Even In 2021, Intel Squeezes Some Very Nice Performance Gains Out Of Their OpenGL Driver
Written by Michael Larabel in Intel on 4 March 2021 at 06:33 PM EST. 20 Comments
INTEL --
While it's 2021 and many modern Linux gaming and other workloads are focusing on the Vulkan API, Intel isn't letting up in their aggressive optimizations to their open-source "Iris" OpenGL Gallium3D driver for Linux systems. With the latest Mesa 21.1 code today there is a set of patches providing up to 17% better performance in some games while other OpenGL software is generally a few percent faster at least. In some micro-benchmarks it can be more than 50% faster.

Longtime Intel open-source Linux graphics driver developer Kenneth Graunke - who has also been the lead Iris Gallium3D developer over the past three years - merged his work on threaded context support.

With the "u_threaded_context" support merged today to Mesa 21.1-devel, the game Civilization VI is now running 17% faster, Shadow of Mordor and Bioshock Infinite each 6% faster, and even Xonotic clocks in at 6% faster. Meanwhile micro-benchmarks like GfxBench and SynMark are more than 50% faster. These are some impressive gains and I'll be firing up various benchmarks on different Intel Linux graphics systems shortly.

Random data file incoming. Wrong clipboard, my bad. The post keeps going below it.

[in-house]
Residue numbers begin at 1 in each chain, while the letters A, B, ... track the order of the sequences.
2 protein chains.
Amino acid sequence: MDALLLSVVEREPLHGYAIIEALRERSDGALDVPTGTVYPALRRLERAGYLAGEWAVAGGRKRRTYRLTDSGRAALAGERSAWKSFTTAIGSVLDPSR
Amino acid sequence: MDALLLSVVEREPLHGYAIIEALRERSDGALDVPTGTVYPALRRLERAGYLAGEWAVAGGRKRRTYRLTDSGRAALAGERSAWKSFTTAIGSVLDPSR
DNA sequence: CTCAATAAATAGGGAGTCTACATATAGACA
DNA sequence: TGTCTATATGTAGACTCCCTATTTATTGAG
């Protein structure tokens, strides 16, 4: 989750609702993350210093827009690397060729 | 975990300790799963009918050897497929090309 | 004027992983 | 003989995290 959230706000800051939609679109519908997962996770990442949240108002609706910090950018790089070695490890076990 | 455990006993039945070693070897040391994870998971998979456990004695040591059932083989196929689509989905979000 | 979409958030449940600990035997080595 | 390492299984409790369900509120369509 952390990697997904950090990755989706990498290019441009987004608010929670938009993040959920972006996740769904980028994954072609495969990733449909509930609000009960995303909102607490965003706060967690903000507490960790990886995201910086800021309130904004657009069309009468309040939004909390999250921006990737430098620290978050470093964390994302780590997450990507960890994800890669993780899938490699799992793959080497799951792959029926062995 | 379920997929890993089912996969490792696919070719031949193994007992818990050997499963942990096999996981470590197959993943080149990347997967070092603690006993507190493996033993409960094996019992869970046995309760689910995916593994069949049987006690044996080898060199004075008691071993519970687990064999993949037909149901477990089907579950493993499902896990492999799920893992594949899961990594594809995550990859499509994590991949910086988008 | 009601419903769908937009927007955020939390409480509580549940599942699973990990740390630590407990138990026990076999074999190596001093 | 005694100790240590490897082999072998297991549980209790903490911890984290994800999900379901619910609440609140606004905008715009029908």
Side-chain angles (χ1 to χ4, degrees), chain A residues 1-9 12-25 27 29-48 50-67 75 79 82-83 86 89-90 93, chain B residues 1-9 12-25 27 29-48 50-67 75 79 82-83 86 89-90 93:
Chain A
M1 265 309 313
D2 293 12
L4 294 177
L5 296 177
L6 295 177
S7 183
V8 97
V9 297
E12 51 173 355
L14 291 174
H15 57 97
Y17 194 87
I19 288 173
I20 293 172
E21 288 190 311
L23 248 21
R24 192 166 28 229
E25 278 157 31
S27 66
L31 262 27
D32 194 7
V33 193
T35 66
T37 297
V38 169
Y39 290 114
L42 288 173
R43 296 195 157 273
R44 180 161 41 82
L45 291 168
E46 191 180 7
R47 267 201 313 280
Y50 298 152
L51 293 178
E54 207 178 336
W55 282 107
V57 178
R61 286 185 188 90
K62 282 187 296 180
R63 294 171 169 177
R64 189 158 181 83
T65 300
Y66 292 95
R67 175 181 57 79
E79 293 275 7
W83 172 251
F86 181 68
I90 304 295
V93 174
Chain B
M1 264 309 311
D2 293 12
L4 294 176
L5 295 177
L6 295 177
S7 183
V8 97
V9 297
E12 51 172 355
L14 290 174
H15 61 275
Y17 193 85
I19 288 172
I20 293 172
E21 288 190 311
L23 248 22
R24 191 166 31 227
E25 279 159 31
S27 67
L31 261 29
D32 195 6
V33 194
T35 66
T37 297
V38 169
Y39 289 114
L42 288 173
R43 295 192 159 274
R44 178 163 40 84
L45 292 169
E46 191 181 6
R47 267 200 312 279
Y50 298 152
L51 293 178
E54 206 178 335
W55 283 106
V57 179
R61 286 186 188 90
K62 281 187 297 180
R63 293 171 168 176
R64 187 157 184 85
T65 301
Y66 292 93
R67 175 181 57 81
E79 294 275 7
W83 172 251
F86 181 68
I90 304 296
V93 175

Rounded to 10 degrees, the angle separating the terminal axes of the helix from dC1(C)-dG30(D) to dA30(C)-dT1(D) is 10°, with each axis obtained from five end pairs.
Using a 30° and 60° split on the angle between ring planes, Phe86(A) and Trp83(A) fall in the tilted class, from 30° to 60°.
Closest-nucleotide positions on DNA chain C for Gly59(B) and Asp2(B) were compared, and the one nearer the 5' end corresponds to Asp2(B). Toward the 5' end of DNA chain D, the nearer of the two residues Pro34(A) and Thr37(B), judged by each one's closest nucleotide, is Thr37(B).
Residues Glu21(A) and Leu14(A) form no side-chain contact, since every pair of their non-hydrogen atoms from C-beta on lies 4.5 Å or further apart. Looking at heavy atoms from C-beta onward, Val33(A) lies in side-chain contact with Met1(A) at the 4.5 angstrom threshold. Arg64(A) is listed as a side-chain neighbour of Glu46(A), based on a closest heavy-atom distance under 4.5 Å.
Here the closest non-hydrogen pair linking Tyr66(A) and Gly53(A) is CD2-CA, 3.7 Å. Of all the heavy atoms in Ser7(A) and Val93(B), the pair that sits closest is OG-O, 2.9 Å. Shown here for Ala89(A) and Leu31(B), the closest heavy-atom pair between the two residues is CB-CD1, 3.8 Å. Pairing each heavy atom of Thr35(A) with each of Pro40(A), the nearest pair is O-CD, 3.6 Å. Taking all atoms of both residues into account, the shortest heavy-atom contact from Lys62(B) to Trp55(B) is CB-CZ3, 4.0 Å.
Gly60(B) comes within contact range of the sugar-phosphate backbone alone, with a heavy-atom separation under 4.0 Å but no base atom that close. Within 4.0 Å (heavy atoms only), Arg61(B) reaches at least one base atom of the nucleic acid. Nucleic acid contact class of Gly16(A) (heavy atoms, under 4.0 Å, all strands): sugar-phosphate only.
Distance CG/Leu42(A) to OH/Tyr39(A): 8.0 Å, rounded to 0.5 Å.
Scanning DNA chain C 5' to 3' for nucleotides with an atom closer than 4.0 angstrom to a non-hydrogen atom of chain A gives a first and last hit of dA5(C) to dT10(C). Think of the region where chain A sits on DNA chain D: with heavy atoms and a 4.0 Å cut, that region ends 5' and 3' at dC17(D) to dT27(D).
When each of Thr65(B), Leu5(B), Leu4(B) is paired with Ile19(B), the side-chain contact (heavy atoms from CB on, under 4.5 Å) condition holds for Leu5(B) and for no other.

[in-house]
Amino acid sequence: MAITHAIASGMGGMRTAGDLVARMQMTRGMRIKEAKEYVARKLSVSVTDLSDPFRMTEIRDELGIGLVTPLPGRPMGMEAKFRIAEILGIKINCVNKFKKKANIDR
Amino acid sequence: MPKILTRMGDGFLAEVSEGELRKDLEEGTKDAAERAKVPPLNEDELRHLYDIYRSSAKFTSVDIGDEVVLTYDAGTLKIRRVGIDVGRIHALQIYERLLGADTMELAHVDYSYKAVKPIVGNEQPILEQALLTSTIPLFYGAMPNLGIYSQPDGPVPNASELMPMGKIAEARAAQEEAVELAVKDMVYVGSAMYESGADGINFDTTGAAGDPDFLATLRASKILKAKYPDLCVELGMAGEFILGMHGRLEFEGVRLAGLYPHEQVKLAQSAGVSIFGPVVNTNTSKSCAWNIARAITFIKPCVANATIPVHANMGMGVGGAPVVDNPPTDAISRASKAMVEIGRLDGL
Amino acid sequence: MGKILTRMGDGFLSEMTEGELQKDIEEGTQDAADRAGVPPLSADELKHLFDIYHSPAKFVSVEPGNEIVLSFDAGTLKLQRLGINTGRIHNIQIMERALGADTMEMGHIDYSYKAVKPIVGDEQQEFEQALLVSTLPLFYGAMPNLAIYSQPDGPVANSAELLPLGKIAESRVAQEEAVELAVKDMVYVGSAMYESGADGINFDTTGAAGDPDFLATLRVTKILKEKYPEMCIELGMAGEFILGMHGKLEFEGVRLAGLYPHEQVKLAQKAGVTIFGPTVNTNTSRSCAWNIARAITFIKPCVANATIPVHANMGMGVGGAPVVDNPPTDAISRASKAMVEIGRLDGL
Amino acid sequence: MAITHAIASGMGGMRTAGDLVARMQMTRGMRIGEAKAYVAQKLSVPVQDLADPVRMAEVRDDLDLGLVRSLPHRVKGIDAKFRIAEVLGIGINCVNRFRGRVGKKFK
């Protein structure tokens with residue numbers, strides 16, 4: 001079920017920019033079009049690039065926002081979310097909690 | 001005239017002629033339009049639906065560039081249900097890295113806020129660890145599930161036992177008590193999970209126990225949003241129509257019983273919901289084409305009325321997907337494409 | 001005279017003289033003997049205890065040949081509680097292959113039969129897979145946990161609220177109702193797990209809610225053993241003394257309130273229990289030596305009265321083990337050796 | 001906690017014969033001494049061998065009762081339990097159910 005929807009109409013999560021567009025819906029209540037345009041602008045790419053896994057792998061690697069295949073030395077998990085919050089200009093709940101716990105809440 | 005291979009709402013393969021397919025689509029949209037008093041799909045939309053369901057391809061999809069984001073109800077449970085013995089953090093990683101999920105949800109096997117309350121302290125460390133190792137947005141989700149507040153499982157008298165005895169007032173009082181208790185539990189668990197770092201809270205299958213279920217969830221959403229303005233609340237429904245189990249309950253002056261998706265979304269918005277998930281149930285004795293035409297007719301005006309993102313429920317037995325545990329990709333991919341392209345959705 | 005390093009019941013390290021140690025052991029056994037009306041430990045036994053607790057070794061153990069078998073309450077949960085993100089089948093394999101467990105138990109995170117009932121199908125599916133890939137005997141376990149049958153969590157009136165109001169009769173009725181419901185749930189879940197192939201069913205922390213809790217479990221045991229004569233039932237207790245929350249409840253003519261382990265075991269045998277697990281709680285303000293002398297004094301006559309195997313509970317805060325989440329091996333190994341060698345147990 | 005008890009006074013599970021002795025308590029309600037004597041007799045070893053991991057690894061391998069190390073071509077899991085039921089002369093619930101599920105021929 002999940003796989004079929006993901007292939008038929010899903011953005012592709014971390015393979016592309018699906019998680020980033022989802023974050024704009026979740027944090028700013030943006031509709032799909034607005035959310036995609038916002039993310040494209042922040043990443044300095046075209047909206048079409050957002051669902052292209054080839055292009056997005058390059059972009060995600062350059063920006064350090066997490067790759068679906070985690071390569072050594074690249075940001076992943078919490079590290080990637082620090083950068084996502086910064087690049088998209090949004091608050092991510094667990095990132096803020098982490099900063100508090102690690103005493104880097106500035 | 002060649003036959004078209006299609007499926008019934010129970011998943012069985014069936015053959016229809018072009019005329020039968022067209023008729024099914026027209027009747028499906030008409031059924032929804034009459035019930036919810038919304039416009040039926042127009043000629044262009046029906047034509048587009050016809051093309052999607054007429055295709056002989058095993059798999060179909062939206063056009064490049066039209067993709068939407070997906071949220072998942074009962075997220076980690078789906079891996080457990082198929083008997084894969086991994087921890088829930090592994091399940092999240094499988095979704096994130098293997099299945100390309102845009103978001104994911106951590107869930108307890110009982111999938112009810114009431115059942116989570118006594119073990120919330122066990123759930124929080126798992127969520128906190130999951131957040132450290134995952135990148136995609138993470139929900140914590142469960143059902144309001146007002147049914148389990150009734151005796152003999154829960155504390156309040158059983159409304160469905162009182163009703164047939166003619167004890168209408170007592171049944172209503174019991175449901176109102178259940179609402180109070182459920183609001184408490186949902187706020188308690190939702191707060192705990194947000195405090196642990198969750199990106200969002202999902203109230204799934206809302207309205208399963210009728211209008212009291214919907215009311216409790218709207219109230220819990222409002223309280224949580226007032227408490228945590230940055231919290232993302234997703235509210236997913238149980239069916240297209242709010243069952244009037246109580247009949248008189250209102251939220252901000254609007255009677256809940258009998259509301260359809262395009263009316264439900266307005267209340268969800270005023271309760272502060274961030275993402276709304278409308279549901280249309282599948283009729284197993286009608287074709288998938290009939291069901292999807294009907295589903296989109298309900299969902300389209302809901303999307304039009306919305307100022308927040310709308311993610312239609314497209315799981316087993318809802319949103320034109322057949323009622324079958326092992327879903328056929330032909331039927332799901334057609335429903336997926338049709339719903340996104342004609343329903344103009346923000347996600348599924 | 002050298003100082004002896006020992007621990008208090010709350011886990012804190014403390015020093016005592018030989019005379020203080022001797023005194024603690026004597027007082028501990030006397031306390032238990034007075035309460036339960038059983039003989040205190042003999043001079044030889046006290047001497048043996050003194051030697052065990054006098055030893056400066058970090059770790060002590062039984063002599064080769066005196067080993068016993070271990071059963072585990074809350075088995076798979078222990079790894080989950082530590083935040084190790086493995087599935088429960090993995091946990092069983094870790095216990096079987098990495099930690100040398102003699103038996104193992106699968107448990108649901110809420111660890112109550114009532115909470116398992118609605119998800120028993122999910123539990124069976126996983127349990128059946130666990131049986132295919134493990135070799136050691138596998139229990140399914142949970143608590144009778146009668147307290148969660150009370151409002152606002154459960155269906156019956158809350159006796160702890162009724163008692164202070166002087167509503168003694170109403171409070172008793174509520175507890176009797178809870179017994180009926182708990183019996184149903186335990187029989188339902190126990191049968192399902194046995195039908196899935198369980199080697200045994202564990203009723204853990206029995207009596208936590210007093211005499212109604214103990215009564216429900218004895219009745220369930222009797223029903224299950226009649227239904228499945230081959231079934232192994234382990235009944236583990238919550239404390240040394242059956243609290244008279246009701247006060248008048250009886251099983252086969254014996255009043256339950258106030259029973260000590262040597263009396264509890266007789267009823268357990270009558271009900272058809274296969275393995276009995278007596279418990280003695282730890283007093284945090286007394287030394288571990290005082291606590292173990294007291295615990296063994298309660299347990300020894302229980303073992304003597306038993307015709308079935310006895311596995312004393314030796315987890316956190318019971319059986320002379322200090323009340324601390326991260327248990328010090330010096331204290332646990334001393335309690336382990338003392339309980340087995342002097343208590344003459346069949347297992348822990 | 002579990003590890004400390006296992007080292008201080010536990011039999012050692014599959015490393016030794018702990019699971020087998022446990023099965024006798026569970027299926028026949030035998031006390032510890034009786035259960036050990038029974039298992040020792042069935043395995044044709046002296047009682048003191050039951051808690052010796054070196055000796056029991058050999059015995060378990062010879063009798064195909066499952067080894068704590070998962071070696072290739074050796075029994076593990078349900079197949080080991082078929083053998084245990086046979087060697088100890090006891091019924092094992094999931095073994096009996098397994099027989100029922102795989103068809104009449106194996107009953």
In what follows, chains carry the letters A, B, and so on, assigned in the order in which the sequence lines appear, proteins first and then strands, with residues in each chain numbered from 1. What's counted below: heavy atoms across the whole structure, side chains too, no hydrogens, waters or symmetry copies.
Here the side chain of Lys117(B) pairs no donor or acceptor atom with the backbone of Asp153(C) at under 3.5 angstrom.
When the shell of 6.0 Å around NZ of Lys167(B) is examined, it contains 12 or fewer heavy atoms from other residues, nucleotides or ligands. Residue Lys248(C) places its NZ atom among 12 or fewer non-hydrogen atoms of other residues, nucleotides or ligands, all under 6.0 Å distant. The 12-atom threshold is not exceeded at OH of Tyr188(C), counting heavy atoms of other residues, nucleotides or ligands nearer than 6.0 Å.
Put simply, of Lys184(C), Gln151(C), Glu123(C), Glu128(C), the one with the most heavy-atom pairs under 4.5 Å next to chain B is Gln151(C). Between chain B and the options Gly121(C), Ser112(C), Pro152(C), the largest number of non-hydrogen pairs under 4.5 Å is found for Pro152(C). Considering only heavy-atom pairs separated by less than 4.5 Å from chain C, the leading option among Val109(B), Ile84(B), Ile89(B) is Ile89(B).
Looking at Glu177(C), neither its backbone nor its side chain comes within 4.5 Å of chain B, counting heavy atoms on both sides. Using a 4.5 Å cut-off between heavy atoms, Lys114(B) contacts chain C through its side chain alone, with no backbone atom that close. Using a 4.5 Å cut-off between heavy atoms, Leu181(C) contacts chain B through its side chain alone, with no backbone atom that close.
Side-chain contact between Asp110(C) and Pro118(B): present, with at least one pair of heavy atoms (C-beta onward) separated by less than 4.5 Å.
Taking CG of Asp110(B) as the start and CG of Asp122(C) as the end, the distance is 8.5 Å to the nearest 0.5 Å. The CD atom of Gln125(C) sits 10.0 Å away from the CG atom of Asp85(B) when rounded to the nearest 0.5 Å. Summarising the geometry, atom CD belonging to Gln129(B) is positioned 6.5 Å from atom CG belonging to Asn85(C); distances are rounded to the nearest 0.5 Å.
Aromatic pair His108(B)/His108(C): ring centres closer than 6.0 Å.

The u_threaded_context functionality for Gallium3D was originally written by AMD for their Gallium3D driver code. The u_threaded_context allows for writes to the command stream to be handled asynchronously off of the main application thread. A few months ago the Zink code began making use of u_threaded_context and now Intel's Iris is as well to great performance success thanks to the extra threading / avoiding driver overhead.

The Intel Iris u_threaded_context support was merged today across the span of several commits in first needing to make the driver more thread-safe. This exciting addition is part of next quarter's Mesa 21.1 release. The GALLIUM_THREAD=0 environment variable can be used for disabling the threaded context behavior if wanting to compare the performance impact as this functionality is enabled by default. Benchmarks soon!
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Michael Larabel is the principal author of Phoronix.com and founded the site in 2004 with a focus on enriching the Linux hardware experience. Michael has written more than 20,000 articles covering the state of Linux hardware support, Linux performance, graphics drivers, and other topics. Michael is also the lead developer of the Phoronix Test Suite, Phoromatic, and OpenBenchmarking.org automated benchmarking software. He can be followed via Twitter or contacted via MichaelLarabel.com.

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